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behavioral science

Why Everyone Else is a Hypocrite: Evolution and the Modular Mind

WE’RE ALL HYPOCRITES. Why? Evolutionary psychologist Robert Kurzban shows us that the key to understanding our behavioral inconsistencies lies in understanding the mind’s design.

10-02-24

In this week’s eSkeptic, Dr Harriet Hall, MD, (aka the Skepdoc) reviews 50 Great Myths of Popular Psychology: Shattering Widespread Misconceptions about Human Behavior by Scott O. Lilienfeld, Steven Jay Lynn, John Ruscio, and Barry L. Beyerstein.

Why People Behave Badly

One of the most difficult problems in the social sciences is understanding why some people intentionally inflict emotional and physical pain on others. Such intentional pain occurs not only on a local level — within families, with “friends,” or in work situations, but also on a national and international scale — Hitler’s Holocaust, Stalin’s purges, and Chairman Mao’s slaughter of millions. Neuroscience is providing the potential for a revolution in our understanding of why “bad” people do what they do…

07-07-25

In this week’s eSkeptic, Michael Shermer proposes a market solution to the problem of tenure in this invited open peer commentary on an article entitled “Is Tenure Justified? An Experimental Study of Faculty Beliefs About Tenure, Promotion, and Academic Freedom” by Stephen J. Ceci, Wendy M. Williams, and Katrin Mueller-Johnson, published in a 2006 issue of Behavioral and Brain Sciences, volume 29, pages 553–569.

Mistakes Were Made (But Not By Me): Why We Justify Foolish Beliefs, Bad Decisions, and Hurtful Acts

Why do people dodge responsibility when things fall apart? Why the parade of public figures unable to own up when they screw up? Why the endless marital quarrels over who is right? Why can we see hypocrisy in others but not in ourselves? Are we all liars? Or do we really believe the stories we tell? Renowned social psychologist Dr. Carol Tavris takes a compelling look into how the brain is wired for self-justification…

07-04-11

In this week’s eSkeptic, Jennifer McKevitt reviews by Philip Zimbardo’s book entitled The Lucifer Effect: Understanding How Good People Turn Evil.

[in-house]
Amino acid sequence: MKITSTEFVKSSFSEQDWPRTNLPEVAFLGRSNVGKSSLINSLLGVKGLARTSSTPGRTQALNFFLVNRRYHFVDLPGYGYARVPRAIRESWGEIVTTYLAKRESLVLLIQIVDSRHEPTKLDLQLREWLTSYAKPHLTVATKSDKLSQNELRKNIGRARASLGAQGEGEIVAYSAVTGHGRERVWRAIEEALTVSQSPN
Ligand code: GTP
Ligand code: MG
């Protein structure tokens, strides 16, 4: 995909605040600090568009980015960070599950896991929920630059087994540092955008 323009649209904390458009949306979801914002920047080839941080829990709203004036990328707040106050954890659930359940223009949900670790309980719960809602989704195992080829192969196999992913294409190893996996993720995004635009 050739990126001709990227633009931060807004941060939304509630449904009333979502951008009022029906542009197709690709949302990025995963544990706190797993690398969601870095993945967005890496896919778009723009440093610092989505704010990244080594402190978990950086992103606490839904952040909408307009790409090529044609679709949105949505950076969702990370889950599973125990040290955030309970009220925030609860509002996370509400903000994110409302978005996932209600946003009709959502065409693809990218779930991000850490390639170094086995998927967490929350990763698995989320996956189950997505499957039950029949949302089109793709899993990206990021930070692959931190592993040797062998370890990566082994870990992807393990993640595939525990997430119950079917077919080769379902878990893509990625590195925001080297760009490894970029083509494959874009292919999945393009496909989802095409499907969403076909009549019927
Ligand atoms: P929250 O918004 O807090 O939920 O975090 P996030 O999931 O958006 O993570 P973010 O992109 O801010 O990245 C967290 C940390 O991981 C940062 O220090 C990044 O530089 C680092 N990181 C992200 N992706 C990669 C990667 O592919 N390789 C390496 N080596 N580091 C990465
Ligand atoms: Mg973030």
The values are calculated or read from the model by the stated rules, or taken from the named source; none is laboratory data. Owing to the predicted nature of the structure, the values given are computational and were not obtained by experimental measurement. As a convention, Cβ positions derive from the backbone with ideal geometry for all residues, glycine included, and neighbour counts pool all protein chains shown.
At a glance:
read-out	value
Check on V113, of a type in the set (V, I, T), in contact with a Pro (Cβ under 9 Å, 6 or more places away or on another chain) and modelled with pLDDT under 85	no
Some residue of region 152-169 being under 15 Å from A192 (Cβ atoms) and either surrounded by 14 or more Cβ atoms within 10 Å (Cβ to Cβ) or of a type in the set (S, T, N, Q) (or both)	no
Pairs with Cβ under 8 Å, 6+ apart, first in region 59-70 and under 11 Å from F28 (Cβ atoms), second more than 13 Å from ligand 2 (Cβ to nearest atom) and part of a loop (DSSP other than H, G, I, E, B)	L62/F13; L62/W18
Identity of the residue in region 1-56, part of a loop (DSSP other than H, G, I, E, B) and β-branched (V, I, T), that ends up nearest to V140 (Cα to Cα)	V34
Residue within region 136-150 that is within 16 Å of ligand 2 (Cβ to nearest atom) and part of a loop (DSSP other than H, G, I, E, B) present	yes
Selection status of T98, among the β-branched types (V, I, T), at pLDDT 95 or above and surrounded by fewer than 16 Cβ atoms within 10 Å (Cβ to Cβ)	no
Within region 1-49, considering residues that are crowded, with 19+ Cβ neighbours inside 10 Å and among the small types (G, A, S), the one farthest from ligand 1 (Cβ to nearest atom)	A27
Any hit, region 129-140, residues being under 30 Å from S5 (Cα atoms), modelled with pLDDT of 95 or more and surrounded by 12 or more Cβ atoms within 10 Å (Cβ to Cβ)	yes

The Lucifer Effect: Understanding How Good People Turn Evil

How is it possible for ordinary, average, even good people to become perpetrators of evil? Dr. Zimbardo, Professor of Psychology at Stanford University, ran the famous “Stanford Prison Experiment” in the late 1960s that randomly assigned healthy, normal intelligent college students to play the roles of prisoner or guard in a projected 2 week-long study that he was forced to terminate after only 6 days because it went out of control, with pacifists becoming sadistic guards, and normal kids breaking down emotionally…

07-03-21

In this week’s eSkeptic, Michael Shermer tries out some new ideas at a free lecture on evolutionary economics; and Dr. Philip Zimbardo lectures at Caltech on the topic of The Lucifer Effect: Understanding How Good People Turn Evil.

07-02-07

In this week’s eSkeptic, the Skeptics Society is pleased to announce its Spring 2007 season of the Skeptics Distinguished Lecture Series at Caltech.

06-11-29

In this week’s eSkeptic, we announce: Julia Sweeney’s new CD Letting Go of God, now available at shop skeptic; James Randi compiles a remarkable line-up of speakers for The Amazing Meeting 5; and Michael Shermer sheds some light on Kramer’s Conundrum, in an LA Times op-ed on racism.

06-06-01

In this week’s eSkeptic, Kenneth W. Krause reviews Laurence R. Tancredi’s book, Hardwired Behavior: What Neuroscience Reveals About Morality.

05-05-12

In this week’s eSkeptic, Michael Shermer reviews Blink: The Power of Thinking Without Thinking by Malcolm Gladwell.

Why We Lie: The Evolutionary Roots of Deception & and the Unconscious Mind

Philosopher and evolutionary psychologist David Livingstone Smith elucidates the essential role that deception and self-deception have played in human — and animal — evolution and shows that the very structure of our minds has been shaped from our earliest beginnings by the need to deceive…

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